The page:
In 1964, the Surgeon General of the United States released the first report on smoking and health. The report stated that cigarette smoking was:
• A cause of lung and laryngeal cancer in men
• A probable cause of lung cancer in women
• The most important cause of chronic bronchitis
We also know that cigarette smoking is a risk factor for cardiovascular disease.
In 1969, the U.S. Congress adopted the Public Health Cigarette Smoking Act, which required a health warning on cigarette packages and banned cigarette advertising on broadcast media.
In the 1960s, about 40 percent of Americans smoked cigarettes. By the 1980s, 32 percent of Americans smoked. The decline correlates with the declining rate of deaths from heart disease that began in the 1970s.
It is well-known that cigarette smoking is related to an increased homocysteine level.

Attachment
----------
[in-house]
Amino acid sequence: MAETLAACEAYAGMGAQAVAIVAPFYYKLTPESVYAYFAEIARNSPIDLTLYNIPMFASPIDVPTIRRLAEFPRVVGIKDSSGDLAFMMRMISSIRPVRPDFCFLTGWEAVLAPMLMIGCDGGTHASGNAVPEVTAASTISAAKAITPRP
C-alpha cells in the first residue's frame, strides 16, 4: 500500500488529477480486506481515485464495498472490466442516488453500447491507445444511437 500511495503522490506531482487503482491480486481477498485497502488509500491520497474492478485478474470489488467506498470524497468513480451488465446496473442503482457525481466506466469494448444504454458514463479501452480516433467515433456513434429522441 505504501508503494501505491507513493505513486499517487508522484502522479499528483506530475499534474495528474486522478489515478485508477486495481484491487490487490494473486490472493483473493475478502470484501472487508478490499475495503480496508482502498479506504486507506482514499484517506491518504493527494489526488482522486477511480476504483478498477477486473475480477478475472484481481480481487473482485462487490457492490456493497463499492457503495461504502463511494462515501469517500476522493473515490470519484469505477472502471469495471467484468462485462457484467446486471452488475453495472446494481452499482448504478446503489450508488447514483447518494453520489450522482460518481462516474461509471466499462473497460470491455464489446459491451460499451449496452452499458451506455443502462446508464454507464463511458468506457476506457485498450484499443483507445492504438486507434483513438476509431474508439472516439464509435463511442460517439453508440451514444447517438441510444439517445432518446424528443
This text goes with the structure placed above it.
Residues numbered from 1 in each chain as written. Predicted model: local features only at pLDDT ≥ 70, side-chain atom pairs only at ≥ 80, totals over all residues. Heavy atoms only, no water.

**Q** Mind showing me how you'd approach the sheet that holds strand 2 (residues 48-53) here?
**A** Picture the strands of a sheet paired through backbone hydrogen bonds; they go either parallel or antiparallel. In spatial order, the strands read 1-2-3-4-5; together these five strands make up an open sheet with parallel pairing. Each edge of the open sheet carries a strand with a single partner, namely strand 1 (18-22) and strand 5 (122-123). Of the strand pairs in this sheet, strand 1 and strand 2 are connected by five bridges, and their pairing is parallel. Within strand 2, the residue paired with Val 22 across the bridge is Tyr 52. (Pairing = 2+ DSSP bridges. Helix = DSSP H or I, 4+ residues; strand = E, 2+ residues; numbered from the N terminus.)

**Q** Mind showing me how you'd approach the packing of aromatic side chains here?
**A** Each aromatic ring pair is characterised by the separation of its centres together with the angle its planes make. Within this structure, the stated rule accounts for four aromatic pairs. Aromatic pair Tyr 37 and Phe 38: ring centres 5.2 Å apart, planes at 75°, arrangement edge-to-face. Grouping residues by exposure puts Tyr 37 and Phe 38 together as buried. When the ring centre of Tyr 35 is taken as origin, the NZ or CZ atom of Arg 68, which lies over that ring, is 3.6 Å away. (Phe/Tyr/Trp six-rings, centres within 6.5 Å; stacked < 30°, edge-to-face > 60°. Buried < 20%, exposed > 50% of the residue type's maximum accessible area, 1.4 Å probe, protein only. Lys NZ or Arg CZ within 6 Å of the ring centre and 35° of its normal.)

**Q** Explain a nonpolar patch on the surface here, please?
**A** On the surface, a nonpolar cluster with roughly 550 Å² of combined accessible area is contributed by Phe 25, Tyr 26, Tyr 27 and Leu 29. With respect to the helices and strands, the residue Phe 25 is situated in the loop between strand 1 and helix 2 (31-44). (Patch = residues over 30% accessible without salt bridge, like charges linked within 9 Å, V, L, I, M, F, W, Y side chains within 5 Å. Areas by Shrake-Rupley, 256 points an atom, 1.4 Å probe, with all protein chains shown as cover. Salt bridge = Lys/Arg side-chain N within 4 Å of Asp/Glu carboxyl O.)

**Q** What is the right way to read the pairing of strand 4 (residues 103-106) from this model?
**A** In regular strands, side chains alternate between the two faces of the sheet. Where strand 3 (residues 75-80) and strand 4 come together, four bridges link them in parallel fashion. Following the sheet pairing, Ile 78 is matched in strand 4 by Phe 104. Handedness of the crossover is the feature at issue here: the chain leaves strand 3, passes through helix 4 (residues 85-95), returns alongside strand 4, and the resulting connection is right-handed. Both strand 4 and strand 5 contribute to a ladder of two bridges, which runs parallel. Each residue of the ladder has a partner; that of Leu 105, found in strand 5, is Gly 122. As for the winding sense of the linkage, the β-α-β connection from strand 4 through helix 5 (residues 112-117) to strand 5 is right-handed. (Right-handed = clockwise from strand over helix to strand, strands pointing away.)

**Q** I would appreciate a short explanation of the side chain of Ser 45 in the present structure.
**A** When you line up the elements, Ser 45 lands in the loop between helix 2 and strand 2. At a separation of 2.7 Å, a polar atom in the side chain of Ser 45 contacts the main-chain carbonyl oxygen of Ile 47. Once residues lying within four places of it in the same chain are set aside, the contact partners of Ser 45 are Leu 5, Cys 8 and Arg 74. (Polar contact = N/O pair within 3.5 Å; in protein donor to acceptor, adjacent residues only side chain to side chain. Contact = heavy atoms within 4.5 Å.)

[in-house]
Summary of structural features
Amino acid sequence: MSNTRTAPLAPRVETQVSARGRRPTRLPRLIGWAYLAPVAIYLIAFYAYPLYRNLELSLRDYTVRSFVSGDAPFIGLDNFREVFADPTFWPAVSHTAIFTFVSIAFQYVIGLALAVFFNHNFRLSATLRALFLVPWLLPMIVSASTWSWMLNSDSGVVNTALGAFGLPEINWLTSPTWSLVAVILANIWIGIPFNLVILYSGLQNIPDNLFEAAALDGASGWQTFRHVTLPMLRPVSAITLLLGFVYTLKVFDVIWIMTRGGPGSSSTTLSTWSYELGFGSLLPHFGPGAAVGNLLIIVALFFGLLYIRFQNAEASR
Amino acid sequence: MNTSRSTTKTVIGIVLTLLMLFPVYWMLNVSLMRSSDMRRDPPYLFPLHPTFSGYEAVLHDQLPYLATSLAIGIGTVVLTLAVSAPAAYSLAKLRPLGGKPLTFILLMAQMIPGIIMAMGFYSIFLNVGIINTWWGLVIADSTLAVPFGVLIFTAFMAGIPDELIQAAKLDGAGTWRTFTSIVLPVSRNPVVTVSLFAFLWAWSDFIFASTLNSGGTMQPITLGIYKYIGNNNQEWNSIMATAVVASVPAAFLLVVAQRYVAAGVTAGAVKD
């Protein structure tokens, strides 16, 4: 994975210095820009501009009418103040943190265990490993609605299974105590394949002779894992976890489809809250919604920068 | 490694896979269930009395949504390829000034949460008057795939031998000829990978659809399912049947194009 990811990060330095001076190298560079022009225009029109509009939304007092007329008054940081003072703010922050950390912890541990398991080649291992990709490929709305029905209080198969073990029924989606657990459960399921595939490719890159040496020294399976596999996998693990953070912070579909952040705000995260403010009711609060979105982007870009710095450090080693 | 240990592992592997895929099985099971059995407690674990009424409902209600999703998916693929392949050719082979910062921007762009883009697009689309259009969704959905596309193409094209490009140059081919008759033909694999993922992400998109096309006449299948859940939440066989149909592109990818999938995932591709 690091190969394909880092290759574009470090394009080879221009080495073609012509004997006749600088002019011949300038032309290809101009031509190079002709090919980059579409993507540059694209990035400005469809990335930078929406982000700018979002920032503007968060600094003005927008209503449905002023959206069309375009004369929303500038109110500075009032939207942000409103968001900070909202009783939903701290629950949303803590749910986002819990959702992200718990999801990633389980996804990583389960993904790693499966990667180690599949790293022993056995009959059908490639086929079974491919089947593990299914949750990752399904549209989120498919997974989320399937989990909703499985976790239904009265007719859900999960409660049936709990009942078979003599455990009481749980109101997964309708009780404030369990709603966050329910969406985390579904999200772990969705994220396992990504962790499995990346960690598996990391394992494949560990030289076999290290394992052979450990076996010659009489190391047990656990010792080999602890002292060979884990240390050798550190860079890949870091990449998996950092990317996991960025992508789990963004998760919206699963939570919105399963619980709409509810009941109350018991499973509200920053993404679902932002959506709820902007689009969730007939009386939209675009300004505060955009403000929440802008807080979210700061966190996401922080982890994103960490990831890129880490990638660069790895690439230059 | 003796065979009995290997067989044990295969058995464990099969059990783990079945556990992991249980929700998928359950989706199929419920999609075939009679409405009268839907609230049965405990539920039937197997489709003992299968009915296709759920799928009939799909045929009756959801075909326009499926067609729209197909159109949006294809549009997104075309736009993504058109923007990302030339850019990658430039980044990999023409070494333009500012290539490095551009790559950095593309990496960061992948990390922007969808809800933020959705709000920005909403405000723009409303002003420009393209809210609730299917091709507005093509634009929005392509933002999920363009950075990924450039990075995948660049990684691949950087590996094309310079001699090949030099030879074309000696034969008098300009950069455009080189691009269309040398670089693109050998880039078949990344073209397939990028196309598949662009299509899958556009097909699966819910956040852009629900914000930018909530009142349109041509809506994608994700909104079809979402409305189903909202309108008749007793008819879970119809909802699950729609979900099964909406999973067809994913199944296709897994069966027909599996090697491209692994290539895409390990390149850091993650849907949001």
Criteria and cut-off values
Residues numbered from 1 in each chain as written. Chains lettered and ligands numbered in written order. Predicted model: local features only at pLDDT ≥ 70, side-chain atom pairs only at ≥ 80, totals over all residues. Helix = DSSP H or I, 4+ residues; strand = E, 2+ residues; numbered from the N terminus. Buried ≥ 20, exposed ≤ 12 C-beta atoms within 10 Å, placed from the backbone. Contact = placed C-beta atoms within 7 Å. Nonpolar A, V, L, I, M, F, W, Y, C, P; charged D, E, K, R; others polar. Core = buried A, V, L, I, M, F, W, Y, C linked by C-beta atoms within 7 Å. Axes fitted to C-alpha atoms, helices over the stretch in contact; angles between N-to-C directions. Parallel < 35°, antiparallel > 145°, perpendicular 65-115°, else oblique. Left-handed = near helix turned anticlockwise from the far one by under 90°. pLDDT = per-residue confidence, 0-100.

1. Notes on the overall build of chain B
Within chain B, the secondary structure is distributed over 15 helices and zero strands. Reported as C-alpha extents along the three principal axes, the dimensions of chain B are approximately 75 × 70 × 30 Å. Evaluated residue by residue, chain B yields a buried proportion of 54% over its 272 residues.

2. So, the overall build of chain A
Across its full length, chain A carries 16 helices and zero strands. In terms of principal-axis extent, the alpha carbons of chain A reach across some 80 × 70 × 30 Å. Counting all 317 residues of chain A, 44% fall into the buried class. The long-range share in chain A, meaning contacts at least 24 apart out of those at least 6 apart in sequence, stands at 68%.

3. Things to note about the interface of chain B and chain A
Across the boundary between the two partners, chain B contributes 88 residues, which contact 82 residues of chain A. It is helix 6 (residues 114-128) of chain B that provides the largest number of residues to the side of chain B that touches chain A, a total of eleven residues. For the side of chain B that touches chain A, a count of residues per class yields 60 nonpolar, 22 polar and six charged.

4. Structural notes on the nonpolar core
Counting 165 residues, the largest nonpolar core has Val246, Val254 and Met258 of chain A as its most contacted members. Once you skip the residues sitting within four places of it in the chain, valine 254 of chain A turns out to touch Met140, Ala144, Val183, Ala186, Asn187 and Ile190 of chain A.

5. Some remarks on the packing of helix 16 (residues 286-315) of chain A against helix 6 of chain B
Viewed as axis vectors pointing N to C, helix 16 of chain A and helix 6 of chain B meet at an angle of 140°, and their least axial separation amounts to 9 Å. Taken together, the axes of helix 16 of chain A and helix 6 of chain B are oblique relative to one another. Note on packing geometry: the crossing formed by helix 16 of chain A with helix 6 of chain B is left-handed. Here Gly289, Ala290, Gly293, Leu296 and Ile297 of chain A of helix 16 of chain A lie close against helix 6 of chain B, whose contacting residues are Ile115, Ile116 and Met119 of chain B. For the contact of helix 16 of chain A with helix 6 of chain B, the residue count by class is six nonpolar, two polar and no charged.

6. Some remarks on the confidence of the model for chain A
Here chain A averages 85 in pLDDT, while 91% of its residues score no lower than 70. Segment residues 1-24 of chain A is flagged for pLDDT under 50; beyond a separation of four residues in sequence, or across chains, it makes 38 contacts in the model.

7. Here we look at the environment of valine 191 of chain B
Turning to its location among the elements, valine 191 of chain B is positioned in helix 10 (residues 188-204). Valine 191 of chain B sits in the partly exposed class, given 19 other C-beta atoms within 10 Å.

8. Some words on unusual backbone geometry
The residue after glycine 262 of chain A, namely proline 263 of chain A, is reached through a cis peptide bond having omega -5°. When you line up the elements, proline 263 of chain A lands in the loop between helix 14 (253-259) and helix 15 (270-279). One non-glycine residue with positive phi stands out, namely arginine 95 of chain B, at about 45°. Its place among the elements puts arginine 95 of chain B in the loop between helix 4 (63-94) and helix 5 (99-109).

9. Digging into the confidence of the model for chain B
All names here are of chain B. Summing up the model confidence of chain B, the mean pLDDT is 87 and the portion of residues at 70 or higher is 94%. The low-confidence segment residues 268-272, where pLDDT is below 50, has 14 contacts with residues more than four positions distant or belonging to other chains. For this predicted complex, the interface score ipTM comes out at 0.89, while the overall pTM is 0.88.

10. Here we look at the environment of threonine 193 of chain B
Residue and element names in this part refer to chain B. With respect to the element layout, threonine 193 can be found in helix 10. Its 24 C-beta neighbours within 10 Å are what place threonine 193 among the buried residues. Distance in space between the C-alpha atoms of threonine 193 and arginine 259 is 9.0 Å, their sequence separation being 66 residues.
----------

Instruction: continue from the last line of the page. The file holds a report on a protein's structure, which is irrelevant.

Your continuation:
For instance, a study in the European Heart Journal found that cigarette smoking was associated with increased plasma homocysteine level.
The study authors wrote, “Both [increased homocysteine and cigarette smoking] are associated with cardiovascular disease.”
The scientists reported that compared to control subjects who did not smoke and had normal homocysteine levels, cigarette smokers had more than 12 times the risk of cardiovascular disease.
In all groups studied, cigarette smokers had higher homocysteine levels than nonsmokers.
Cigarette smoking also elevates the risk for heart disease by increasing inflammation in blood vessels. Homocysteine is thought to cause heart disease by a similar increase in blood vessel inflammation.
There is no question that cigarettes are a direct cause of increased heart disease risk.
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